Six Alaskans will be joining more than 70 scientists and resource managers this week to share observations and data about unusual ocean weather and climate patterns observed throughout 2014 and early 2015 across the North Pacific basin.
The 2014-2015 Pacific Anomalies Science and Technology Workshop is being held at the Scripps Institute of Oceanography in La Jolla, California May 5-6 and is co-sponsored by the Integrated Ocean Observing System. Molly McCammon, Executive Director of the Alaska regional component of IOOS – the Alaska Ocean Observing System or AOOS – is organizing Alaska participation in the workshop.
“Scientists across Alaska have noted some unusual ocean and atmospheric conditions this past year,” McCammon said, “even more extreme than the climate change impacts we’ve seen over the past decade.”
Some of the unusual Alaska conditions may be related to areas of the North Pacific that have been as much as 5°C warmer than average, earning the nickname ‘the blob’, and appear to be impacting pelagic ecosystems, including fisheries.
This workshop is the first of two designed to understand the timing and scale of these anomalous oceanographic conditions in the North Pacific. Global and coastal ocean observing systems can then work jointly to deliver the information needed by stakeholders such as commercial fishermen and resource agency managers to understand the potential effects of these conditions on ocean resources. The first workshop will focus on research questions to understand the scope of these ocean changes, while the second, targeted for next winter, will focus on better understanding the potential weather, resource and economic impacts from the unusual ocean conditions, and on ways to better predict their occurrences.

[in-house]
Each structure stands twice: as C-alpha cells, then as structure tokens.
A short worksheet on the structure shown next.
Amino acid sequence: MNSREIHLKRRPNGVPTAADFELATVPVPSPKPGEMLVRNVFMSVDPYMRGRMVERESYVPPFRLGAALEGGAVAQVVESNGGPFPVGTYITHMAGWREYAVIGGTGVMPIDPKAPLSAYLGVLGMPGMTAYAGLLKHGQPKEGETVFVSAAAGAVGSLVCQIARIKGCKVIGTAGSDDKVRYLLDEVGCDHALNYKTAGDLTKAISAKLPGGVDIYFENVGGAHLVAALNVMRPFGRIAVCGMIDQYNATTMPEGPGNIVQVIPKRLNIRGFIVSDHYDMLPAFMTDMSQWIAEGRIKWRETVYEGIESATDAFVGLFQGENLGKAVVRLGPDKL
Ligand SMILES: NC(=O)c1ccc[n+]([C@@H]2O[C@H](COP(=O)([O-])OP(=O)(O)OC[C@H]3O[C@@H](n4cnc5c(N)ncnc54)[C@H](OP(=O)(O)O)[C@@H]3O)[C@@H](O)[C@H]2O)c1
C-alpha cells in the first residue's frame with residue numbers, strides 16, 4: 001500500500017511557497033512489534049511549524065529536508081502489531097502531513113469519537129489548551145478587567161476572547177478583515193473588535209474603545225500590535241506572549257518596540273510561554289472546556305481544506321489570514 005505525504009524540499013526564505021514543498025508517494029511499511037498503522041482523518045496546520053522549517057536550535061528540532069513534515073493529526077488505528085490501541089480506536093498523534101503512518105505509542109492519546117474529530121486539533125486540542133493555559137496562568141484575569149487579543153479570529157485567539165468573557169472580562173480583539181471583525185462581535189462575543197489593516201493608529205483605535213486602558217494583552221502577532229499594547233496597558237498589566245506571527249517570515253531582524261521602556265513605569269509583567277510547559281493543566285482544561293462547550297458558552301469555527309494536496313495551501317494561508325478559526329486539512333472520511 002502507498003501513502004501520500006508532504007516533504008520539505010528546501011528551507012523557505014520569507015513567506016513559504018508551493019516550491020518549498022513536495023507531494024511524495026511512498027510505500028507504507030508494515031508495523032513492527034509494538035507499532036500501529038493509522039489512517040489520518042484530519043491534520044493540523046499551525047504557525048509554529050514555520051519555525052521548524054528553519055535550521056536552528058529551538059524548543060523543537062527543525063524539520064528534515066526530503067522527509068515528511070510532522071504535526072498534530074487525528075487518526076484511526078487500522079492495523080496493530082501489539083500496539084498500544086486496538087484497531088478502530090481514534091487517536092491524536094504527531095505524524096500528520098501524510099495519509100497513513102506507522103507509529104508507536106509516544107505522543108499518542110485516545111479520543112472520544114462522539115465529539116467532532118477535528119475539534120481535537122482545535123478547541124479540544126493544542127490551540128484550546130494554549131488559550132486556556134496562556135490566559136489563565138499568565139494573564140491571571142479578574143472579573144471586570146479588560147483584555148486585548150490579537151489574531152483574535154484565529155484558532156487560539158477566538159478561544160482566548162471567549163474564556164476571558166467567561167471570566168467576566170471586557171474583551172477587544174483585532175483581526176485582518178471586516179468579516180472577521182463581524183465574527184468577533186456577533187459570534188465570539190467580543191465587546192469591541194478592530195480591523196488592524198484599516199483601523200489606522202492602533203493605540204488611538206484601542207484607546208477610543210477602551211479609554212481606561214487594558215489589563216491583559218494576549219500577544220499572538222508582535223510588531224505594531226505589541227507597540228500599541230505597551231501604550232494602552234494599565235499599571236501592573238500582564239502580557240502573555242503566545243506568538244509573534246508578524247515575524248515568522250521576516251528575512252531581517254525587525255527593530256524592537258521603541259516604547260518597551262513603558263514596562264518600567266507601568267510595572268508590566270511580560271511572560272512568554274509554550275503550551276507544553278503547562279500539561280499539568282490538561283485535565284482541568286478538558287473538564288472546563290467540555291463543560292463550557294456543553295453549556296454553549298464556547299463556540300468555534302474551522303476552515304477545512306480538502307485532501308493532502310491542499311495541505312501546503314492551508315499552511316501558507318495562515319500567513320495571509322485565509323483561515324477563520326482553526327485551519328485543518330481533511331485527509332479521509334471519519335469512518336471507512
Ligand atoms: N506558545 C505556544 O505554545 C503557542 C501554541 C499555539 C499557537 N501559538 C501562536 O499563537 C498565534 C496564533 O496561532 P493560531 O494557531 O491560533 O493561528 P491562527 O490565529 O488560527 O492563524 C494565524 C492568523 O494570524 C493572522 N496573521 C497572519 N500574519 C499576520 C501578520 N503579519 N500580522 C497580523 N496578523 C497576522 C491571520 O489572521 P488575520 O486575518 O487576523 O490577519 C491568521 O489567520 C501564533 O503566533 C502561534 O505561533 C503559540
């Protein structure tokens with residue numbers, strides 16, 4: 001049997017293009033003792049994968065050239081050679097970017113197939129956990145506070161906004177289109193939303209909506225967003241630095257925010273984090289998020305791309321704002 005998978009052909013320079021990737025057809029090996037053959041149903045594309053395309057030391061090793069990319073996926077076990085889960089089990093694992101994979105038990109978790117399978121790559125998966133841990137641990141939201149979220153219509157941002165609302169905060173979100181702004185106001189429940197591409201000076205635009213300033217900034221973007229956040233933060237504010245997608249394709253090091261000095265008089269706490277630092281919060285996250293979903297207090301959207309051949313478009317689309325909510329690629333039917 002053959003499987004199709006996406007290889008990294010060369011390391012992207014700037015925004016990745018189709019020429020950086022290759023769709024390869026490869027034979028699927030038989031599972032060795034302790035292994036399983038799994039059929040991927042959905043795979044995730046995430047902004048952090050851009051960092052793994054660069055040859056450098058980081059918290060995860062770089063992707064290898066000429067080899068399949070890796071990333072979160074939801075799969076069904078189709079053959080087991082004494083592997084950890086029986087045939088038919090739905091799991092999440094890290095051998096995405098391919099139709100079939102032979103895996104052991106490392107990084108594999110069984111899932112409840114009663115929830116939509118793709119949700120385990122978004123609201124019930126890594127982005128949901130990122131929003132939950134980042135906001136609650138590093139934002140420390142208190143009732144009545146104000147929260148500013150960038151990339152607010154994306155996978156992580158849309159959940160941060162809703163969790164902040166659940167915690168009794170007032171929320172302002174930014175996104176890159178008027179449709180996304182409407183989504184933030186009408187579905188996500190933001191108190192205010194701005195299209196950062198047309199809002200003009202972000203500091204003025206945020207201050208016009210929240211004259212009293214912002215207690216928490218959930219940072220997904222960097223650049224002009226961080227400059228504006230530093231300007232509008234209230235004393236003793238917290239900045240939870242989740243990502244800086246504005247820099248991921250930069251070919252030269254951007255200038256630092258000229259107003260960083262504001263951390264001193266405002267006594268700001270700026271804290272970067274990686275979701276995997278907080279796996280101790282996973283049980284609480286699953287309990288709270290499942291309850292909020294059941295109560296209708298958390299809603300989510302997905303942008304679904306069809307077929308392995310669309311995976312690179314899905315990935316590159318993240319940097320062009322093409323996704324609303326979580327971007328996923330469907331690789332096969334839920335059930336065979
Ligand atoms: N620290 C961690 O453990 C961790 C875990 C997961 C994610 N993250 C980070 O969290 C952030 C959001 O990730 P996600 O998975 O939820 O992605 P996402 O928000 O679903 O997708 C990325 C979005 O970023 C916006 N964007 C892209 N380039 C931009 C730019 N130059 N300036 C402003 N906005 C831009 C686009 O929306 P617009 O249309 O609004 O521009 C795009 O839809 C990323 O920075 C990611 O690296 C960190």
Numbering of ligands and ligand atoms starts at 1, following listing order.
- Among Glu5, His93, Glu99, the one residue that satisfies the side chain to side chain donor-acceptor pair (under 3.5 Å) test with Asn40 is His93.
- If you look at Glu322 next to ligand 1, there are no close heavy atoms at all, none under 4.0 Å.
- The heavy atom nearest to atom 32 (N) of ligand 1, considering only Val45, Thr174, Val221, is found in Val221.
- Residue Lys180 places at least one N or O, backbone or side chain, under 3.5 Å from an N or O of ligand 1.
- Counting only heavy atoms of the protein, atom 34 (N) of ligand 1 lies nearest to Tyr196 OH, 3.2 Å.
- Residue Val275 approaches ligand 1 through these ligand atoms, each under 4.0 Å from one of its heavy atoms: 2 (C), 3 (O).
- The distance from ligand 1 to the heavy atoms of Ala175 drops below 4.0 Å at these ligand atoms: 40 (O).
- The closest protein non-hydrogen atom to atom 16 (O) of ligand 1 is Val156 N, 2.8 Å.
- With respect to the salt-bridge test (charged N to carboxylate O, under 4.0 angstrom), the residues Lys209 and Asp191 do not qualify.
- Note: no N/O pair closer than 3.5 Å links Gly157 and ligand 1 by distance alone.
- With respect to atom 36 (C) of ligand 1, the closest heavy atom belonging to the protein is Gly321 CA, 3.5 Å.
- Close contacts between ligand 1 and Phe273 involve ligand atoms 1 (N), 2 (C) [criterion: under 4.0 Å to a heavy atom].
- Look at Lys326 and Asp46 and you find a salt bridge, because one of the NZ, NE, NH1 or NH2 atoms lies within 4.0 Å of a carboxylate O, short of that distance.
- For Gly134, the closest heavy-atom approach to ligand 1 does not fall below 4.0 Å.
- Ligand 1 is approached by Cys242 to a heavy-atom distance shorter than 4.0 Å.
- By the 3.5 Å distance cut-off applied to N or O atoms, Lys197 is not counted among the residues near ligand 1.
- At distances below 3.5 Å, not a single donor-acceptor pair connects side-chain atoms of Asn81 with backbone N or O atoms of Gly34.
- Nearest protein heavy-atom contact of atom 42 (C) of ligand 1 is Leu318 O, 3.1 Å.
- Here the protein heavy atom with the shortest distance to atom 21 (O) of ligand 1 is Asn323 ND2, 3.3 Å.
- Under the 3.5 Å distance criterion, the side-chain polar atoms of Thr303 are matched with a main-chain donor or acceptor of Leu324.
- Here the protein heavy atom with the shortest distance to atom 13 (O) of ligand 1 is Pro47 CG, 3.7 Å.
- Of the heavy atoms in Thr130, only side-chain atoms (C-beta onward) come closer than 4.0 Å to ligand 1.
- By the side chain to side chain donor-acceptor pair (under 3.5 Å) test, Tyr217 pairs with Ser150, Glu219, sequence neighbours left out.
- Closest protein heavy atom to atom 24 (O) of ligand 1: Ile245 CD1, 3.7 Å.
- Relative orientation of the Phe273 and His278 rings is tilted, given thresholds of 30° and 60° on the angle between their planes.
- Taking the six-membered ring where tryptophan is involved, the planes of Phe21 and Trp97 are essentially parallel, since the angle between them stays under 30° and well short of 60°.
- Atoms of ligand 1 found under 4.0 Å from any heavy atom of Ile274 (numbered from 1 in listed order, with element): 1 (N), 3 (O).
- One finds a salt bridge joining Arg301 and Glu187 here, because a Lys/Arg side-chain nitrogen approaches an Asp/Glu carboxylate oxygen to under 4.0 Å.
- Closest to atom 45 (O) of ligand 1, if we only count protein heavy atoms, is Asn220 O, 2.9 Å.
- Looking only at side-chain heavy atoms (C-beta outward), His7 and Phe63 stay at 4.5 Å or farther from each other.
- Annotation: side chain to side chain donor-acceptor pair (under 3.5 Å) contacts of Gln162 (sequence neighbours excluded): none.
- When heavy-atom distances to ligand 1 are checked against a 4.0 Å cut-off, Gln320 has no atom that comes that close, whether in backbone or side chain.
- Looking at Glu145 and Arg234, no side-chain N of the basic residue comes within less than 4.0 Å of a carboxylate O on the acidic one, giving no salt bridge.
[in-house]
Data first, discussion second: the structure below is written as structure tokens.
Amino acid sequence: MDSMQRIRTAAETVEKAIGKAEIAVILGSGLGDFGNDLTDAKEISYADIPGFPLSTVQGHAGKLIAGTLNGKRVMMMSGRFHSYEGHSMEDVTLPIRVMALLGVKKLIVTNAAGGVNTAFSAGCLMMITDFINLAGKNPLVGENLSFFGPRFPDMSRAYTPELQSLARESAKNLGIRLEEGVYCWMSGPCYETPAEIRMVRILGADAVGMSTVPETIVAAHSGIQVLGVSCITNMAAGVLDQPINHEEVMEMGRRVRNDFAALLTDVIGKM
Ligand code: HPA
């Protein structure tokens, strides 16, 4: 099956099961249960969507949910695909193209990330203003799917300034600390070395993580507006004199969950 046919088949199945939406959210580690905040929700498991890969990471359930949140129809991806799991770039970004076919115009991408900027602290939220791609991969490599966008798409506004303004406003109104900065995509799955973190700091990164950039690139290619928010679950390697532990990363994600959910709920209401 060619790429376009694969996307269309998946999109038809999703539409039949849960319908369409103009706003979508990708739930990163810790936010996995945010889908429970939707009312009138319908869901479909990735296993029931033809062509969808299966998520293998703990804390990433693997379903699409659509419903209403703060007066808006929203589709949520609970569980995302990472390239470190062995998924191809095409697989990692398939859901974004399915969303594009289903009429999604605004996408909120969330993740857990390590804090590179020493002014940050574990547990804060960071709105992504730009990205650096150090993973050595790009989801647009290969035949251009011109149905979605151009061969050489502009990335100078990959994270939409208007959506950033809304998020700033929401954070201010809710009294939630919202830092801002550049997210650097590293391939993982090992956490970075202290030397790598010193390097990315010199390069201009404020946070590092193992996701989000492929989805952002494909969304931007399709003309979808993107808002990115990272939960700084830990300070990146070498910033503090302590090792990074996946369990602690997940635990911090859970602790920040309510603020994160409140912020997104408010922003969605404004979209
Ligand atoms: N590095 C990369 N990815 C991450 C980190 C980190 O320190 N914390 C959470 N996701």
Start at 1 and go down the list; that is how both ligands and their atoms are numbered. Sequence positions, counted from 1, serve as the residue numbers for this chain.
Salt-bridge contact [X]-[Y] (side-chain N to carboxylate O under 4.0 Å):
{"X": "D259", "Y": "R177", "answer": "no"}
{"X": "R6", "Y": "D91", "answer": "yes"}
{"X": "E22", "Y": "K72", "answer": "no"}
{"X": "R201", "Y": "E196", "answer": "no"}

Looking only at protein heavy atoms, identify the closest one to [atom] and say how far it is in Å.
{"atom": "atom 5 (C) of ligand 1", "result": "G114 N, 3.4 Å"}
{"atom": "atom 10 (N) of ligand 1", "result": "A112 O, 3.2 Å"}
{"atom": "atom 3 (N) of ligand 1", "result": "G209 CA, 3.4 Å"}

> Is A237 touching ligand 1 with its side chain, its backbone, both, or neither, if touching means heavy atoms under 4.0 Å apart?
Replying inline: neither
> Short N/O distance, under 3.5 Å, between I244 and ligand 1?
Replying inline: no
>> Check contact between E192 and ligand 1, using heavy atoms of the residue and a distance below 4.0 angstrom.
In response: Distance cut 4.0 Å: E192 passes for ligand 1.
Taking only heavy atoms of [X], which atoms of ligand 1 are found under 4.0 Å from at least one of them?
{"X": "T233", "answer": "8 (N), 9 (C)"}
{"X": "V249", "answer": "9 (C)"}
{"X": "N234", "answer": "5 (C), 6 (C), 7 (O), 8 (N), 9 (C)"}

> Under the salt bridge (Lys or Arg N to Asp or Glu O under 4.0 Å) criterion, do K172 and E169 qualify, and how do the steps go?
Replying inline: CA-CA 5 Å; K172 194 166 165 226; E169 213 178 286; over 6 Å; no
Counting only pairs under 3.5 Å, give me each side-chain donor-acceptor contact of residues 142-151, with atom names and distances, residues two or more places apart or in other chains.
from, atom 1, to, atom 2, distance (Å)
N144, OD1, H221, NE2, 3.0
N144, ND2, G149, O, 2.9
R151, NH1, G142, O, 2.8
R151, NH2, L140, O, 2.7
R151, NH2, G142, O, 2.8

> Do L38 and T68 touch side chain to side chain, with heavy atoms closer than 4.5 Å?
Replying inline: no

Some of the Alaska conditions noted in the past year include:
- Unusually warm sea temperatures were observed for 2014 across the entire Gulf of Alaska, including in Kachemak Bay, central Prince William Sound and offshore from Resurrection Bay near Seward. Temperatures were the warmest since 2005 in many locations. Warm ocean conditions could enhance zooplankton production and the salmon and herring that feed on them.
- Gulf of Alaska surface waters were generally fresher (less salty) than in prior years, which increases water column stability and could have significant impacts on the phytoplankton that form the base of the marine food web.
- Air temperatures across Alaska were significantly warmer in the past year, and some parts of Alaska experienced record low snowpack this past winter, and other parts experienced record rainfall this past year. “Numerous daily and monthly high air temperature records were set across Alaska in the past year. These conditions could affect wetland tundra habitats, river breakup, fire danger, and village water supplies. .
The May 5-6 workshop will be webcast and will be available at: